MoMA Celebrates Japan’s Forgotten Architects
Kawaguchi Mamoru (architect and engineer) - Fureai Dome, Nagano Prefecture. Completed 1997 ©Photograph Kenta Mabuchi, Wikimedia Commons
Behind every renowned architect, there is a structural engineer behind the scenes. This hidden work, often unrecognised, is nevertheless indispensable to the longevity of monumental buildings created by architects throughout history.
This pair work, which is particularly prevalent in Japanese architecture, is highlighted by a new publication released by the Museum of Modern Art in New York, MoMA . Entitled Structured Lineages : Learning from Japanese Structural Design, the publication is directed by Guy Nordenson, a structural engineer from New York and professor at the architectural school at Princeton University.
A behind the scenes craft
Across 200 pages, Guy Nordenson complies archival images, essays and transcripts from round tables between specialists, notably that which took place in 2016 at MoMA during the exhibition A Japanese Constellation: Toyo Ita, SANAA and Beyond. This text provides the perfect entry point for getting to know the work of structural engineers which consists of calculating the dimensions of walls, supporting beams and angles designed by the architect, in order to ensure the stability of the construction. These engineers play an indispensable role, especially in Japan where the country is at frequent risks of earthquakes. While architectural discourse often takes place in an academic sphere, such concrete conversations are of equal importance.
Structured Lineages : Learning from Japanese Structural Design reveals the most fruitful collaborations between architects and engineers in Japanese architectural history through a number of emblematic buildings constructed in Japan since the Second World War. For example, while the work of Tange Kenzo, the architect behind the concrete-clad Saint Mary’s Cathedral in Tokyo is famous the world over, with its futurist lines and glass ceilings, the structural engineer whose work facilitated such a project, Tsuboi Yoshikatsu, is less well-known.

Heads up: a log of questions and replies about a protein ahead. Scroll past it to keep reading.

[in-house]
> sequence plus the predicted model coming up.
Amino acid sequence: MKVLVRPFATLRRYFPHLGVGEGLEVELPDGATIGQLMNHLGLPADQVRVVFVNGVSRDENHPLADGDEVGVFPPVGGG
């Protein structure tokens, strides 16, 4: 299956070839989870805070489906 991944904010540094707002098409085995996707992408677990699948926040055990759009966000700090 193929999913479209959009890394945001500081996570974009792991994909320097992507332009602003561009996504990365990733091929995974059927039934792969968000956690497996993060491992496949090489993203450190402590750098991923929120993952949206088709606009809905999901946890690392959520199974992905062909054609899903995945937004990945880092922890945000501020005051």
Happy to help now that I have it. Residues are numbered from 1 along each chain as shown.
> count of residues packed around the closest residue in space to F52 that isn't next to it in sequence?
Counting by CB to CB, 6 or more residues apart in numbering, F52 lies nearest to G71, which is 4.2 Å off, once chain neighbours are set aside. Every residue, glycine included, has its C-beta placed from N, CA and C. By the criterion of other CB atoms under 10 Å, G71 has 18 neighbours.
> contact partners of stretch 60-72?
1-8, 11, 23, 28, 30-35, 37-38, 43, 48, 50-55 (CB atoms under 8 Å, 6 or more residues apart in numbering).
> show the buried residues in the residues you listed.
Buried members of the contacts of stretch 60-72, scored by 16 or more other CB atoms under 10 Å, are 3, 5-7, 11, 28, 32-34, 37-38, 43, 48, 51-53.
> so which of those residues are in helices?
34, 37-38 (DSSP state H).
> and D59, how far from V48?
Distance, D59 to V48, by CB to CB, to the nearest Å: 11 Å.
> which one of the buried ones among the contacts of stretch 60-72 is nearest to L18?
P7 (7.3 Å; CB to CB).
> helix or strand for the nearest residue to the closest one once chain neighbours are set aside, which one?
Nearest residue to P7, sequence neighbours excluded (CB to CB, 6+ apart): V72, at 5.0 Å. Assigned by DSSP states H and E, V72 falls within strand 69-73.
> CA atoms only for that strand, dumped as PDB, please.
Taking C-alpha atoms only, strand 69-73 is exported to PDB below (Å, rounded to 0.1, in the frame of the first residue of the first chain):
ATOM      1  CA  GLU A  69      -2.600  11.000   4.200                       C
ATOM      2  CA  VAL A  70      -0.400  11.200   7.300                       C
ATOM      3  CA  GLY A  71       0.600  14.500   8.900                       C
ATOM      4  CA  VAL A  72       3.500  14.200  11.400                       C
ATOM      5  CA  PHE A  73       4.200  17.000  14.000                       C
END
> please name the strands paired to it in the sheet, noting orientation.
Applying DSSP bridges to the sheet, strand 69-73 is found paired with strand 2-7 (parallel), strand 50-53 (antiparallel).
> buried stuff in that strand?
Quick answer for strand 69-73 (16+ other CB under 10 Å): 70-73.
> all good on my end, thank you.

Tange Kenzo (architect) and Tsuboi Yoshikatsu (engineer) - Saint Mary’s Cathedral Tokyo (Interior view) Completed 1964 ©Wikimedia Commons
The art of transmission
There is a particular focus on the work of the structural engineers Kawaguchi Mamoru, Kimura Toshihiko, Matsui Gengo, Saito Masao, Sasaki Mutsuro and Tsuboi Yoshikatsu, allowing us to better understand their work and their relationship to architects. However the notion of transmission is equally present within the publication, demonstrated through the conversations transcribed from round tables where structural engineers form and influence young generations, as well as describing their own training with their mentors.
Far from being a purely theoretical text, reserved for those well versed in engineering or architecture, this work allows us to understand the often invisible threads which hold together architectural works, from the most simple to the most extreme. The number of pages given over to architectural and contemporary photographs allows the reader to discover a range of little-known works, that will surely inspire some to go and visit them themselves.
Kajima Design. Saito Masao (engineer). Izumo Dome Shimane (Interior view) ©Photograph Kenta-Mabuchi, Wikimedia Commons
Murata Yutaka (architect). Kawaguchi Mamoru (engineer). 12th World Orchids Conference Pavilions, Kanagawa Prefecture ©Photograph by Kawaguchi Mamoru. Courtesy Kawaguchi & Engineers
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